Presley Hits an Inside the Parker, But Bucs Fall 4-1

PITTSBURGH, Pa. — The Bucco bats remained quiet combining for just one run on four hits off the St. Louis Cardinals pitchers at PNC Park on Friday night in the 4-1 loss. They entered game action with a National League worst .205 team batting average. After plating a run on two hits in the first frame, the Bucs scattered just two hits over the next eight innings with two walks.

Whether it was the Cardinals starter Lance Lynn, or the Bucs approach at the plate, Pirates Manager Clint Hurdle said after the game that it’s usually a combination of both.

“[Lynn] was very aggressive. He was very efficient with his pitches,” Hurdle said. “Nothing that really kind of whacked us out. He just hit his spots. He was very aggressive. A few of the pitches we had to hit, we didn’t do much with. You get an inside the park homer the first pitch, drop a single on the next guy, then you have two more the rest night. We have our work cut out for us tomorrow when we go after [Cardinals right-hander Jake] Westbrook.”

Lynn tossed 7.0 innings to pick up his third win on the season. The bullpen of Mitchell Boggs and Jason Motte threw two perfect frames with three strike outs.

“Throwing strikes,” Alex Presley said of the Cardinals’ Lynn. “I thought we had some good at-bats. It’s just one of those things where we couldn’t scratch across. We’ve played a bunch of games like this already. We just need to score some more runs.”

The lone run that scored by the Pirates came in the first inning. Alex Presley took a 1-0 pitch off the wall in center field for an inside the park home run to start first. Cardinals’ Skip Schumaker jumped to make the catch against the wall but missed. Schumaker, who had just came off the disabled list prior to the game, had the wind knocked out of him and was removed from the game as a precaution.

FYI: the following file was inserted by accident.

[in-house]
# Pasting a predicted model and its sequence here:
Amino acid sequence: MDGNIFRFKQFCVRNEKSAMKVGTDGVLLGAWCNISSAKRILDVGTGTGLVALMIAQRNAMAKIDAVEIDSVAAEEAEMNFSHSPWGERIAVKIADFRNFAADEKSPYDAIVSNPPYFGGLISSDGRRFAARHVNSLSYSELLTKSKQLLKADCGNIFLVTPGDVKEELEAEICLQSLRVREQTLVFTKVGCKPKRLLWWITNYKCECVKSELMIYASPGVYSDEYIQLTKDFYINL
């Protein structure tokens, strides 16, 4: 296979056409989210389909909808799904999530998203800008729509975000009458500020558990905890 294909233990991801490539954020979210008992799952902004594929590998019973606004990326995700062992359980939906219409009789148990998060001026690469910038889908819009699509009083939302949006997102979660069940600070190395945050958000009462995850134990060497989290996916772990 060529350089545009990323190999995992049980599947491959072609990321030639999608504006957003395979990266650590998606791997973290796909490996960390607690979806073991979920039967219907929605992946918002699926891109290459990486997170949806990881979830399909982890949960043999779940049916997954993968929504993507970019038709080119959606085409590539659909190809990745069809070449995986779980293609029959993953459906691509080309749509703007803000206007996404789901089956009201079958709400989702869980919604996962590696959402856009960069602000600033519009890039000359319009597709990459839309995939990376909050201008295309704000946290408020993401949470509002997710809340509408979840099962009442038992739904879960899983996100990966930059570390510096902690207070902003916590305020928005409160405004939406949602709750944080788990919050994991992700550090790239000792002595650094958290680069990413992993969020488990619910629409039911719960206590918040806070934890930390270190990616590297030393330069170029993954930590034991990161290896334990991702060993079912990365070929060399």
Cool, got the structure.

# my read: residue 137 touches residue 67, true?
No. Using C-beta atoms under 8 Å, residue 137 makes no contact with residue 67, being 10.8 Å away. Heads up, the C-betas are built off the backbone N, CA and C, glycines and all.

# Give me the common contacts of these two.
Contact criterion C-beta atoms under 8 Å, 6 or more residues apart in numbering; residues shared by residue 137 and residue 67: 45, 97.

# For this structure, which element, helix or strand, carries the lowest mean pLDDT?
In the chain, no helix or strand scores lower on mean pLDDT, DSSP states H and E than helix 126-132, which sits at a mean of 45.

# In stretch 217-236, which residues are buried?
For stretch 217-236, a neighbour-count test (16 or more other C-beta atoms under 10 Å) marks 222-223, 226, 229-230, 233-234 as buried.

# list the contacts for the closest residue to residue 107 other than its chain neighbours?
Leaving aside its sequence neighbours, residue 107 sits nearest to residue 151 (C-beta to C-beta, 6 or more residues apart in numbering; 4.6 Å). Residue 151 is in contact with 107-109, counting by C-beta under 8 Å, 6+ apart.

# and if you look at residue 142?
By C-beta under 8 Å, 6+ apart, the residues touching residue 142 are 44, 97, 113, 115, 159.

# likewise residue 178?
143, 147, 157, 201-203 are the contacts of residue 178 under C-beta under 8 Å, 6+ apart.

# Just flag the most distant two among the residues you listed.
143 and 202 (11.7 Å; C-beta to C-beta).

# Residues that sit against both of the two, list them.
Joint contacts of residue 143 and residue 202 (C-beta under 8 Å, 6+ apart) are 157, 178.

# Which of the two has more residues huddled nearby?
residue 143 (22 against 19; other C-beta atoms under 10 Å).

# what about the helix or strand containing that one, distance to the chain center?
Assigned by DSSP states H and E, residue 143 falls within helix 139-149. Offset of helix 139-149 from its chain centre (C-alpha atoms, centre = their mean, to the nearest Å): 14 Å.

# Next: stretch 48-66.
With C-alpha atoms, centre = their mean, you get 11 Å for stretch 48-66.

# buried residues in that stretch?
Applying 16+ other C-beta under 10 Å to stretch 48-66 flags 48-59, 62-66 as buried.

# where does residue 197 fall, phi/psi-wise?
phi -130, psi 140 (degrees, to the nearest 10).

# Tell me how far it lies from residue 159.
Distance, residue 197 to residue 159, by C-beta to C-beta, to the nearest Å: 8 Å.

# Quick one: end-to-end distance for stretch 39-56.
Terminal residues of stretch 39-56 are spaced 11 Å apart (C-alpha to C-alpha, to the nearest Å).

“Last year in Triple-A I had one. But yeah, it’s pretty rare,” Presley said. “I wasn’t expecting it. I thought I’d get a triple for sure when I saw him miss it. He got hurt out there, couldn’t get up, so that helped my chances a bunch. It’s just one of those things.”

Hurdle had no doubt that Presley would make it home. The outfielder touched home plate standing up.

“After the bounce, I think it was a done deal,” Hurdle said. “He got the right kick. He had both outfielders close to the wall. I didn’t think there would be much of a contest. It was an exciting way to start.”

It marked just the second inside the parker at PNC Park in Pittsburgh. The other was hit by infielder Jack Wilson on July 2, 2004 against the Milwaukee Brewers. Presley was the first Pirate to hit an inside the park home run since infielder Freddy Sanchez hit one at Houston on July 21, 2008, and the first one done leadoff since Omar Moreno on June 21, 1980.

“You want to start off and try to score runs. And that starts with the leadoff guy,” Presley said. “I expected us to have a good night offensively, but it’s just the way it goes.”

Right-hander Charlie Morton allowed two runs (one earned) on four hits over 5.0 innings in his second start of the 2012 season. He walked three and struck out six while throwing 93 pitches, 59 strikes.

Known for his sinker, Morton’s best pitch on the night, Pirates Manager Clint Hurdle said, was his curveball.

“I think it was effective in inducting weak contact and getting swings and misses,” Morton said. “It’s a really good pitch for me. I just don’t use it. I pitch to contact. And today, I felt like it was good enough that I could go after guys with it. I had good enough command with it, so I threw it. I never doubted my curveball. It’s just another weapon to have.”

Carlos Beltran reached first base on an error by Morton to start the second frame. Beltran scored after Yadier Molina ripped a one-out RBI double down the left field line. Molina advanced to third base on the error by shortstop Clint Barmes. On the relay throw from Presley, Barmes, who was attempting to get Beltran out at home, threw the ball into the ground.